Olivia was on fortnightly respite last night, and so I took advantage of the evening free of parental responsibility to take myself out to supper.
Spooning up my aloo gobi with my naan, I was suddenly overcome with loneliness: Indian food is best eaten in ensemble, and sitting there alone, on a cold and rainy night, in an almost-empty restaurant, my world suddenly felt very very empty.
Truth be told, the powerful feeling at play was not loneliness itself, but a sense of embarrassment about feeling lonely at all: I’m a self-confident, independent person, and the idea of needing other people in my life feels like some kind of unhealthy codependency.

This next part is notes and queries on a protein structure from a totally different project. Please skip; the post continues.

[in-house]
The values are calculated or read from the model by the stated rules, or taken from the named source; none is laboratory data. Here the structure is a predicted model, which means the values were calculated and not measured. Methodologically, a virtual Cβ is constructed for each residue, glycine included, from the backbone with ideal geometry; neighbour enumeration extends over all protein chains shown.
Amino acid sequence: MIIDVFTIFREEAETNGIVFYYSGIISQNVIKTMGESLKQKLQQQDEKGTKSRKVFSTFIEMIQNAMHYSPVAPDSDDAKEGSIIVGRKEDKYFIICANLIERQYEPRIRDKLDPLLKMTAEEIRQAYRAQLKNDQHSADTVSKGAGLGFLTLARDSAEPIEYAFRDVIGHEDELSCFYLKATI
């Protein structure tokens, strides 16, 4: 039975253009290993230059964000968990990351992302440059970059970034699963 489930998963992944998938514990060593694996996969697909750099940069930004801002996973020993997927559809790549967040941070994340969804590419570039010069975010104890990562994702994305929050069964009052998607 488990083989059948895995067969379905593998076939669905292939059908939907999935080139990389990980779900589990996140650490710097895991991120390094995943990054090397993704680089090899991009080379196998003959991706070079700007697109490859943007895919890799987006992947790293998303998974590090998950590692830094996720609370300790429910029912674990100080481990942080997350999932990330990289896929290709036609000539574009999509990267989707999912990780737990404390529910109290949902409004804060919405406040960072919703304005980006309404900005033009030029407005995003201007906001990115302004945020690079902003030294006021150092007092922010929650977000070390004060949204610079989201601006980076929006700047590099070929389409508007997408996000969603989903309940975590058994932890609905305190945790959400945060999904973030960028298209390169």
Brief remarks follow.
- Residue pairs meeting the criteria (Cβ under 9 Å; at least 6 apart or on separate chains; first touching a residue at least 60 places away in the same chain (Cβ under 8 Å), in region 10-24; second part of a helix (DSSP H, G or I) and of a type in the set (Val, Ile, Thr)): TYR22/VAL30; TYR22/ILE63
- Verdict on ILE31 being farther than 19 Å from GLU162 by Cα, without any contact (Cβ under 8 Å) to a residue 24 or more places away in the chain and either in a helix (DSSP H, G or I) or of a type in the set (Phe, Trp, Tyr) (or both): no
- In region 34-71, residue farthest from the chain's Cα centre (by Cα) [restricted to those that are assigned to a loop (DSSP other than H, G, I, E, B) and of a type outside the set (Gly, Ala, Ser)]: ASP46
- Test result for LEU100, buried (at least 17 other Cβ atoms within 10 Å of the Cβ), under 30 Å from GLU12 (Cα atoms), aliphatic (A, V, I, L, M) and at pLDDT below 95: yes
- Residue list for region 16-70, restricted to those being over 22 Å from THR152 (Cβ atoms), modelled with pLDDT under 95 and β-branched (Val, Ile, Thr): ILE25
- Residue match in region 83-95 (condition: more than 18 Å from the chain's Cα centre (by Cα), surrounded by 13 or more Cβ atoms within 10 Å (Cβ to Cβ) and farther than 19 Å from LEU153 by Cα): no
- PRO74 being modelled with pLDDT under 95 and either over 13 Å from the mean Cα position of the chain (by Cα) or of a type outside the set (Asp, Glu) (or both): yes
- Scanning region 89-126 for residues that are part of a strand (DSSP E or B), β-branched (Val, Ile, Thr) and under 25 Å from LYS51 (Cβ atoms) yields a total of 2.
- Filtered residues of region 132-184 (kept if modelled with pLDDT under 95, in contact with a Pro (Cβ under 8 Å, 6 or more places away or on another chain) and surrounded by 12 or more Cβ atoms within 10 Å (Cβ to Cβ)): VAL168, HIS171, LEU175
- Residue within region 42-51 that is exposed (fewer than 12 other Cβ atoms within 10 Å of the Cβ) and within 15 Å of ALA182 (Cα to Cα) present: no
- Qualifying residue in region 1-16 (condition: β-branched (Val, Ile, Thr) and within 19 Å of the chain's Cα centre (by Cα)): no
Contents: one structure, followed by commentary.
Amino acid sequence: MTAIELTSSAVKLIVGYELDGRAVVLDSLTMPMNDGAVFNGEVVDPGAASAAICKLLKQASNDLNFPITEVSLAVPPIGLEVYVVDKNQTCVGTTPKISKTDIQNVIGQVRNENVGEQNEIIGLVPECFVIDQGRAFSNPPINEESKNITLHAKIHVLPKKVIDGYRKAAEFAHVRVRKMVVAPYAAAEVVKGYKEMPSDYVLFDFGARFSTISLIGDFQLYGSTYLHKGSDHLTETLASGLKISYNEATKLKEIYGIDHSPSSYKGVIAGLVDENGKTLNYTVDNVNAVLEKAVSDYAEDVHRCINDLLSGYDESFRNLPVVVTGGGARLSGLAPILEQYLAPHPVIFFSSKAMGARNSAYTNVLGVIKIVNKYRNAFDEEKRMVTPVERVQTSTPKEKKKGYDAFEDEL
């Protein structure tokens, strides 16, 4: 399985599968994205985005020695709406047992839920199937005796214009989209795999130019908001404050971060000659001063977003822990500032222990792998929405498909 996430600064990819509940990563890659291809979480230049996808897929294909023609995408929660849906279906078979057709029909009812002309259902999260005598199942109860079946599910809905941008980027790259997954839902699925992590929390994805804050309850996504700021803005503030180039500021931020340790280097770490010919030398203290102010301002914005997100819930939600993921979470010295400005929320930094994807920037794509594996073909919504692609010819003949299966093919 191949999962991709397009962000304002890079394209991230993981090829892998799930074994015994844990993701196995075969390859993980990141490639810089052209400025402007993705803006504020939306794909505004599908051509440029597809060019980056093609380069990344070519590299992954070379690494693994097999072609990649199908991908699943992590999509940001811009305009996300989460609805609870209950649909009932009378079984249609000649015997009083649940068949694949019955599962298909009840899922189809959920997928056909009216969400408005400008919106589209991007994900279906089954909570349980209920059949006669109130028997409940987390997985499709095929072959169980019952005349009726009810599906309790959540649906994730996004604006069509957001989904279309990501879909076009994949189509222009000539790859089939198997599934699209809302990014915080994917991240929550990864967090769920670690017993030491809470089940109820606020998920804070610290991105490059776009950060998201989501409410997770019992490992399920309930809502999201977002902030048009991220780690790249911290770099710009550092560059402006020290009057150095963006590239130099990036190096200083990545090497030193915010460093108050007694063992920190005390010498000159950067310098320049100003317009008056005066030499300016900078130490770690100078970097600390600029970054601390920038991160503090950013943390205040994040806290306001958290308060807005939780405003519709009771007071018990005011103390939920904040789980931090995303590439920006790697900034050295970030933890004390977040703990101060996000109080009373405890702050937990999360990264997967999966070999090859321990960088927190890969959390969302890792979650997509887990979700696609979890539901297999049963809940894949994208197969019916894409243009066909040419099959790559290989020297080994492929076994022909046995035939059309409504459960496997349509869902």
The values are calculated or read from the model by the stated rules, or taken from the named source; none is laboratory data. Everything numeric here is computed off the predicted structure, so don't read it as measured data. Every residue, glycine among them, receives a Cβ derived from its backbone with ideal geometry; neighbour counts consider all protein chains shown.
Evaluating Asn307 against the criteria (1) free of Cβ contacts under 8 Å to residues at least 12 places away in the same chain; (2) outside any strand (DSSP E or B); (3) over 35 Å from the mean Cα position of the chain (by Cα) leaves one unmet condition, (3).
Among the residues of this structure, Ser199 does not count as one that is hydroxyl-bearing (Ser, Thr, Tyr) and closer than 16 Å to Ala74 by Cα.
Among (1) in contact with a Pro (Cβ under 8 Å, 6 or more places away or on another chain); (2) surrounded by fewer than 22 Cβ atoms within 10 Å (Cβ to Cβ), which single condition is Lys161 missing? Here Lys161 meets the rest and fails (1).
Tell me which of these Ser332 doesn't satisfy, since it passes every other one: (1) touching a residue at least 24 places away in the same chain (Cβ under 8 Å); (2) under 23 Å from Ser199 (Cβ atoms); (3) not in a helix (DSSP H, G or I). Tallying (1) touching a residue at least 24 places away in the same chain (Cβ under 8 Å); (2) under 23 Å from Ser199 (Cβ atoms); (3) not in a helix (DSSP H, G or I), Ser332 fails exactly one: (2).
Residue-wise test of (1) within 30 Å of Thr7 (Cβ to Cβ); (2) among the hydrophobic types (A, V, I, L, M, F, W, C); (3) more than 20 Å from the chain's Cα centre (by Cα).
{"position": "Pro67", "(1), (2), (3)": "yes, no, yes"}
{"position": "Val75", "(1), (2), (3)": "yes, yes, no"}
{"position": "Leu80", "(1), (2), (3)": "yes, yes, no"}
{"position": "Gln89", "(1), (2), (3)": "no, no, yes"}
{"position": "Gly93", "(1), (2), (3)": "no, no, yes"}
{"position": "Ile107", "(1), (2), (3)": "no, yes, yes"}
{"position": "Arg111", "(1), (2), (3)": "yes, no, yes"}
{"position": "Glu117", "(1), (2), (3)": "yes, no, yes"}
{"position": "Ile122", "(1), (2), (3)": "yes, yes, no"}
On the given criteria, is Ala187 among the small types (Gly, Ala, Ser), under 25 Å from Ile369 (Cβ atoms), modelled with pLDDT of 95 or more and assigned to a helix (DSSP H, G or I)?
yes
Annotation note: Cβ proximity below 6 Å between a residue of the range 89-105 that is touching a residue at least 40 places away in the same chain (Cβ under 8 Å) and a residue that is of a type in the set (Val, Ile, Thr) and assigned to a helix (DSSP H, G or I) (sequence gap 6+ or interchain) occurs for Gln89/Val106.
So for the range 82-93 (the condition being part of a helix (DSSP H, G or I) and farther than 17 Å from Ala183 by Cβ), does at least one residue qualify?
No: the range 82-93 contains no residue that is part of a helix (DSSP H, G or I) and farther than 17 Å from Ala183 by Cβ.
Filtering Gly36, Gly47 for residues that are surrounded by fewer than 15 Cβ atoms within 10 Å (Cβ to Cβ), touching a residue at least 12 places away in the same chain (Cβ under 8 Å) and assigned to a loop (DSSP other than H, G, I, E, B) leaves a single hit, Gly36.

Thinking Pete knows this isn’t true, knows connections are important, knows the shame is irrational. And yet, there I was, feeling it.
The problem with writing about loneliness is that well-meaning friends and familiars start to worry about you, and, being well-meaning, feel they should help solve the problem by stanching the loneliness with invitations to coffee, lunch, and plowing matches. Which are all wonderful in their own way, and appreciated. But have no effect on the deep down loneliness.
It’s not really about wanting someone across the table to talk to, order a palak paneer, perhaps make an obscure reference to J.D. Salinger, and suggest we go for a walk after–all of which would be nice, who’s kidding who–it’s about something far more existential, something related to my sense of self, my place in the world, my ability to make connections to other people.
In the engine rebuild that is grief, each of those is under repair, and the effect is discombobulating.